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basil

The basil plant is a member of the mint family. Fresh basil has a strong heady flavour, which is similar to licorice and cloves. This summer herb is essential to Mediterranean dishes and is the key ingredient in traditional pesto.

Varieties: Sweet basil, which has green leaves, is the most common variety of basil sold in grocery stores. Occasionally, purple basil and Thai basil are available as well.

Additional varieties include lemon basil, cinnamon basil and anise basil, but they may not be available readily in mainstream grocery stores.

To prepare fresh basil, wash the leaves with cold water and gently pat dry. Remove the leaves from the stems and discard the stems. Tear the leaves with your fingers or use a ceramic knife to chop or slice into fine slivers. Using a ceramic knife will prevent the leaves from oxidizing and changing the flavour of this aromatic herb. A quick trick when cutting basil leaves is to stack them on top of each other and cut them into thin strips.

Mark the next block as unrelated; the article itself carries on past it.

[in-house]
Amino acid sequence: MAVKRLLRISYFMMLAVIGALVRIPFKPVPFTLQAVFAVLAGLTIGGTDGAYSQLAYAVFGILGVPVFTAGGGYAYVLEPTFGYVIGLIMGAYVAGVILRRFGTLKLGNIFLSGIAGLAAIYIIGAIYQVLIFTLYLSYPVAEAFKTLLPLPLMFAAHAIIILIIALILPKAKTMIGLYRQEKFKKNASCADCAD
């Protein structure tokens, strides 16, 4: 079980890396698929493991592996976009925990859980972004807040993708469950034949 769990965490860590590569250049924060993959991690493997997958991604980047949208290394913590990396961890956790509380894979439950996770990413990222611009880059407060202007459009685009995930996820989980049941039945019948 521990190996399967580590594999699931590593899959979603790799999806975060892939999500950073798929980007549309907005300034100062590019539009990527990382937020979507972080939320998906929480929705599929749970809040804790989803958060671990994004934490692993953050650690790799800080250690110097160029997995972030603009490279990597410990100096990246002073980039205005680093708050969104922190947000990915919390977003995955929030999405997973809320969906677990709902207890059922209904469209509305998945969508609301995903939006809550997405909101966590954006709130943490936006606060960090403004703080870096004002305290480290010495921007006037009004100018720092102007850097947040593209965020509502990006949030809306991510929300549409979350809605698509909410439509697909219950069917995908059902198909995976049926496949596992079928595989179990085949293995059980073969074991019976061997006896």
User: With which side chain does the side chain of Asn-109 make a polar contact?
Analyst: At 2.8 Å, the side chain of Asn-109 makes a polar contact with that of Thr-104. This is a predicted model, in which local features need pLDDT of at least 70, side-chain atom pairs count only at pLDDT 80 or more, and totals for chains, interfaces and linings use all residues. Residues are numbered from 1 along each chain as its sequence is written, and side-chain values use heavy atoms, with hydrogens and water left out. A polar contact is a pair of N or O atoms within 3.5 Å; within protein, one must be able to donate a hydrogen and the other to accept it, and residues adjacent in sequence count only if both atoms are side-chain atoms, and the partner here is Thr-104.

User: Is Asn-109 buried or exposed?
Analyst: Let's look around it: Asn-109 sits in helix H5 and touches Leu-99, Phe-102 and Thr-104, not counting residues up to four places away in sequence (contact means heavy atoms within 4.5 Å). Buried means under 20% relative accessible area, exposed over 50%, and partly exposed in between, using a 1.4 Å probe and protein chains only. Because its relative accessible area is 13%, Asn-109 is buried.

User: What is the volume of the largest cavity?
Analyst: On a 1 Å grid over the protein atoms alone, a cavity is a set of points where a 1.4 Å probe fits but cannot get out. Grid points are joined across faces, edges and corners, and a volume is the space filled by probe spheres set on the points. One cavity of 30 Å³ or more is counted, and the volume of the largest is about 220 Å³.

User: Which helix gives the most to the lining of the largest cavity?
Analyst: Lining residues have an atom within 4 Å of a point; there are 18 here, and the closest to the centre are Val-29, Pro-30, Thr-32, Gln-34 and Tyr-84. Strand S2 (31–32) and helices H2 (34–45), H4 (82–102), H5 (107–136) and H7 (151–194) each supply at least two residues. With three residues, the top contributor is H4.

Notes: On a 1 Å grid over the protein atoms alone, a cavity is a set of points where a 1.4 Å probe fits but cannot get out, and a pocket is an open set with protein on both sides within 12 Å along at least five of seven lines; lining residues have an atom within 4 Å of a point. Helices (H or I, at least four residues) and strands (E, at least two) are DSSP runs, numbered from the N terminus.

Tomatoes and basil are a delicious combination, so it’s no wonder that they are often paired together in salads, pasta dishes and pizza. To experience the incredible combination of fresh tomatoes and pungent basil, try making this light and healthy tomato basil soup or just slice a fresh tomato and sprinkle with fresh chopped basil.

You could even try grilling your tomatoes first!

Nutrition:

According to the Canadian Nutrient File, the nutritional value per 25 leaves (12.5 g) of fresh basil using the daily recommended intake from Health Canada is: 65% of Vitamin K, 10% of Vitamin A, 10% of potassium, 4% of magnesium, 4% of potassium, and 3% of iron. It is also high in lutein, an antioxidant that is reported to be beneficial for maintaining good eyesight.

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